My first experience with portable PV goes back to the 1990s, when I was designing off-grid residential PV systems. Most of the installations were in remote areas, and we wanted generator-free temporary power for tools. I took a 6- by 12-foot enclosed utility trailer and installed a 1,000 W PV array on the side with hinges along the roofline, which allowed easy fold down for travel. An interior wall-mounted 2,500 W inverter, charge controller, and eight L-16 deep-cycle batteries completed the trailer. I later added a SunFrost DC refrigerator, microwave oven, work counter, utility sink, and composting toilet. Spending days working on a remote mountaintop suddenly became much more civilized.
Although I only intended to use this solar trailer for temporary power at construction sites, a year later I received a call from an agent of a well-known actor who was hosting a rally at his rural property to protest the utility’s plan to run a high-voltage power line through the area.
The actor and his neighbors understood the irony of using the power company’s electricity to power an event to protest against the same power company and were looking for alternatives. They were also concerned that a noisy generator might interfere with the speeches and live music. They had heard about my PV trailer and called to see if they could use it to power the tent lights and sound system for their two-day event.
The solar trailer was also used to power the public address system at an outdoor energy fair. I recall to my horror how the solar batteries were losing charge much faster than I expected, right in the middle of the featured speaker’s presentation. I feared a total system failure was only minutes away, and headed out to follow the multiple extension cords from the solar trailer to the distant event’s tent. Halfway along this path I discovered a recently added extension cord—heading off in a totally different direction. As I stumbled through the dark following the wire, I finally reached a brightly illuminated doughnut concession trailer. The fry cook was happily making piles of hot doughnuts in the electric deep fryer for the hundreds of attendees, and had no idea he was running off my batteries!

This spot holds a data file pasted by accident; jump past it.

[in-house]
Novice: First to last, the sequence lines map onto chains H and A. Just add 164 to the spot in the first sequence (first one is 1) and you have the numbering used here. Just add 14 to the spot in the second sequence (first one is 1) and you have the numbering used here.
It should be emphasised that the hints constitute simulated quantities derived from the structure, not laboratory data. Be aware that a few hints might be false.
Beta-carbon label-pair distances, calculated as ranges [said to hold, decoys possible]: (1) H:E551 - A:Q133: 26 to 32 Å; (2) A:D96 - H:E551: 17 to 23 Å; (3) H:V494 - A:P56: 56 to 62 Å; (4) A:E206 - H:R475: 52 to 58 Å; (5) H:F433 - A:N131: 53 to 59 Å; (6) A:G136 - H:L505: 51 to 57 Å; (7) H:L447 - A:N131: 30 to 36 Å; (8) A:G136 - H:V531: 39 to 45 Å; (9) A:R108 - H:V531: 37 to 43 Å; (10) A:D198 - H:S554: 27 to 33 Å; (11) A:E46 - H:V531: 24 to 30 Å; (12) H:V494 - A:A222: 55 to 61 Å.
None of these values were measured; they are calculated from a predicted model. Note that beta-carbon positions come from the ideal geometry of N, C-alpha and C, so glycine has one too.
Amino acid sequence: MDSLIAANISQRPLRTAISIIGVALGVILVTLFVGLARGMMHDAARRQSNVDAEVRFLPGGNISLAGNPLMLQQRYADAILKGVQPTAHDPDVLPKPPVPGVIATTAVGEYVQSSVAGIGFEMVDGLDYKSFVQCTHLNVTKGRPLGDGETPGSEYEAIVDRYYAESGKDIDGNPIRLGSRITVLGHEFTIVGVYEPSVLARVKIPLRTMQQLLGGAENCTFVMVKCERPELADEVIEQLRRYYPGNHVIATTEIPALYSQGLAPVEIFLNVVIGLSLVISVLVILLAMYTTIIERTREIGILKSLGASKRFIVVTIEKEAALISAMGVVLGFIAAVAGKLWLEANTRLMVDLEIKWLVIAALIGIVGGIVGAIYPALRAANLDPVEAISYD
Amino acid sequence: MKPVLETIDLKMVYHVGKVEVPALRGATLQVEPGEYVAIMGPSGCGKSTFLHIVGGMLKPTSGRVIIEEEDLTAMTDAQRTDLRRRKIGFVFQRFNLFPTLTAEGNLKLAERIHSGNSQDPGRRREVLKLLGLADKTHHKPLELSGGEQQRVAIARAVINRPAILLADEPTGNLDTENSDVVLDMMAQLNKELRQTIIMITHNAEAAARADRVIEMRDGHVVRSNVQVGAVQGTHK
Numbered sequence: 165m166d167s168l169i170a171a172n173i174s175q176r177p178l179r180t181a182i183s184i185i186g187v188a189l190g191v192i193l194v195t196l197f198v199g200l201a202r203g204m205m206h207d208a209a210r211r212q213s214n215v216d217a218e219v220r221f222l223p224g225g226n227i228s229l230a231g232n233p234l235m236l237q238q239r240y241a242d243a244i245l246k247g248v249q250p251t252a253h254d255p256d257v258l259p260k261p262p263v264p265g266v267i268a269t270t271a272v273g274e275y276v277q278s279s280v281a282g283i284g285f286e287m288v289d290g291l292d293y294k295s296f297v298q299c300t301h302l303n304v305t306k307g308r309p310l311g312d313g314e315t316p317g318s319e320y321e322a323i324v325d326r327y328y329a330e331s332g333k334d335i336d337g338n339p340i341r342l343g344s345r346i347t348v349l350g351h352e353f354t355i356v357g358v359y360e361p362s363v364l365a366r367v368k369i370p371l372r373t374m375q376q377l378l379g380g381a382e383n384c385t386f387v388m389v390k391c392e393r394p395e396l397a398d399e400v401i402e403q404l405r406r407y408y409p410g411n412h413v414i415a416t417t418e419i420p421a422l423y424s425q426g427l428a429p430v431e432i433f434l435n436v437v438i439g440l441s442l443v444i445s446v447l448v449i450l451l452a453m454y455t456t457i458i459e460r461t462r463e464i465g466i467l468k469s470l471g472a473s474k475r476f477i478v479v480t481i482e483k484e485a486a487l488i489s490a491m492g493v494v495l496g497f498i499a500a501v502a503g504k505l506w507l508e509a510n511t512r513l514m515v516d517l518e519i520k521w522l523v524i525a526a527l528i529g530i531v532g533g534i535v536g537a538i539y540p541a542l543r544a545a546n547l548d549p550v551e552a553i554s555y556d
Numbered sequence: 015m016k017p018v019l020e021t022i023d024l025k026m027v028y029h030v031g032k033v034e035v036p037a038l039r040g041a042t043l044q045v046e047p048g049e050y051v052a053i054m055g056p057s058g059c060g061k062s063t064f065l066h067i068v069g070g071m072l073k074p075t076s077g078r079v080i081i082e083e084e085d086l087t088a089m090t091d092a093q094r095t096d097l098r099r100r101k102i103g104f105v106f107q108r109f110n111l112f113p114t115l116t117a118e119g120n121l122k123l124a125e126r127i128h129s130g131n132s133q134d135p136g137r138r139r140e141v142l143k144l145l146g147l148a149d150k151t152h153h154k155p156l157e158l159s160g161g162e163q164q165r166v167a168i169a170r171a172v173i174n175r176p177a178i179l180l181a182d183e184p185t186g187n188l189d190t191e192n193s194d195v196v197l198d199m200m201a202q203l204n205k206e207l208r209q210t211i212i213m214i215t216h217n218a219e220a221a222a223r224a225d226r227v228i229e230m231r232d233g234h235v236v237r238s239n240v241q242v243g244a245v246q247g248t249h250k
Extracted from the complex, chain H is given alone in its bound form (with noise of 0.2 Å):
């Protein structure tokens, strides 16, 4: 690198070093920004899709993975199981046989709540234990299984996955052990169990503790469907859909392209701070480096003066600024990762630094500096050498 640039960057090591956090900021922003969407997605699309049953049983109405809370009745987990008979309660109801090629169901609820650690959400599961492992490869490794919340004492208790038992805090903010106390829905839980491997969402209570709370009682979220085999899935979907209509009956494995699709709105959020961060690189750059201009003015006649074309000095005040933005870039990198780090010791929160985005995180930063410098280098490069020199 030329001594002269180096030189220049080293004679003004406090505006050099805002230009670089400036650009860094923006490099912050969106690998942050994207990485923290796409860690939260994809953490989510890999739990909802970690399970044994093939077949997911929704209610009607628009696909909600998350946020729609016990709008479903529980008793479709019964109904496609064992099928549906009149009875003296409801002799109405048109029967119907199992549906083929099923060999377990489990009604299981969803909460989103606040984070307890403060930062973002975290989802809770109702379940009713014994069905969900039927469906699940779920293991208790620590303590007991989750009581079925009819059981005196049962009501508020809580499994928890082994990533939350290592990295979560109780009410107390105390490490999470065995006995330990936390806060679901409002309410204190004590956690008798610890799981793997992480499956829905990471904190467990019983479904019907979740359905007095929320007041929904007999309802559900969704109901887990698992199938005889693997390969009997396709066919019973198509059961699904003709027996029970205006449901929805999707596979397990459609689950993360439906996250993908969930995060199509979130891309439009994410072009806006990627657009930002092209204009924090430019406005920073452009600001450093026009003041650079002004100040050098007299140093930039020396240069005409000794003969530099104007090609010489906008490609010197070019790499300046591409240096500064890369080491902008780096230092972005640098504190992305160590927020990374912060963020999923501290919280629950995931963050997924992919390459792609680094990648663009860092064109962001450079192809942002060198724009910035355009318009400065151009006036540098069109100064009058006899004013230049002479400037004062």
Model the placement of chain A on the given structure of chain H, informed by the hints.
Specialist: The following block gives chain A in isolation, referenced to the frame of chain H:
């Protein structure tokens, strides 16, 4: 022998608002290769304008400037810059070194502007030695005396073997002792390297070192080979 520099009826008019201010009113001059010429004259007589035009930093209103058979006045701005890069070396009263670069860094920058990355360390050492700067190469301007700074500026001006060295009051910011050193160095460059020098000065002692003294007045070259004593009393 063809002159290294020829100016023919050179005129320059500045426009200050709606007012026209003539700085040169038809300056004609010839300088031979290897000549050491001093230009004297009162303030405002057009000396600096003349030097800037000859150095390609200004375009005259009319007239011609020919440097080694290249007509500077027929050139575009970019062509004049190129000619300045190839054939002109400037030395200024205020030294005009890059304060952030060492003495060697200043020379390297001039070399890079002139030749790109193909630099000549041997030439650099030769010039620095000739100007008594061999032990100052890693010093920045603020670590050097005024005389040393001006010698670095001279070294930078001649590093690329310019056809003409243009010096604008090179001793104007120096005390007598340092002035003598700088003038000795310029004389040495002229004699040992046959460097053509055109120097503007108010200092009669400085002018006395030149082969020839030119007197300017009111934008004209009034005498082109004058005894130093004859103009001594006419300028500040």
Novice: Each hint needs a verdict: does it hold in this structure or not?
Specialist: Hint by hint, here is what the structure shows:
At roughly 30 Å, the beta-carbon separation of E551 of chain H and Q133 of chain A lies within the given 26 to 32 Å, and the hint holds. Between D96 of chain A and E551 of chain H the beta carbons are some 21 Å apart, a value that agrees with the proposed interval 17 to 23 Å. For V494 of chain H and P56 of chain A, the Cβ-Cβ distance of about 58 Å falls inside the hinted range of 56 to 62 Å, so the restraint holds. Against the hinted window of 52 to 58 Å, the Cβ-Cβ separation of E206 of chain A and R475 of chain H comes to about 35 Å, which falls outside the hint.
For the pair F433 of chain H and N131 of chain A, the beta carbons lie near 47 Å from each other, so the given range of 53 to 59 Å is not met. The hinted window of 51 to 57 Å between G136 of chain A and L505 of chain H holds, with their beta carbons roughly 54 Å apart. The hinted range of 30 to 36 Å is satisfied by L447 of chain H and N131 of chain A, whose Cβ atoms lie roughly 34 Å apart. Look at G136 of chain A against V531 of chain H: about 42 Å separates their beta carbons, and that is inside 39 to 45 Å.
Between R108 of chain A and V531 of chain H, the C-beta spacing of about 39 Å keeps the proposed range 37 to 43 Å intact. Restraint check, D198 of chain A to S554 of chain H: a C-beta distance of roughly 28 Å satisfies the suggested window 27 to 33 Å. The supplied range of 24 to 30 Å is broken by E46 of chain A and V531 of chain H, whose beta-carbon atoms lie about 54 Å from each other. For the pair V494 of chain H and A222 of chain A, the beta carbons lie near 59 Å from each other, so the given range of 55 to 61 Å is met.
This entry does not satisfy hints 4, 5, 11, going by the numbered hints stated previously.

Since this early experience with making solar doughnuts, my PV trailer has been loaned out to national scouting events and energy fairs, and is still used occasionally at remote construction sites. Through these experiences I have learned the importance of identifying the energy and power limitations of a portable PV system.
If you’re planning to purchase or build a portable PV system, first decide exactly what will be powered and for how long. Most organizers will seriously underestimate the event’s actual power requirements so be sure to take a careful inventory of their loads before taking on a project of this kind.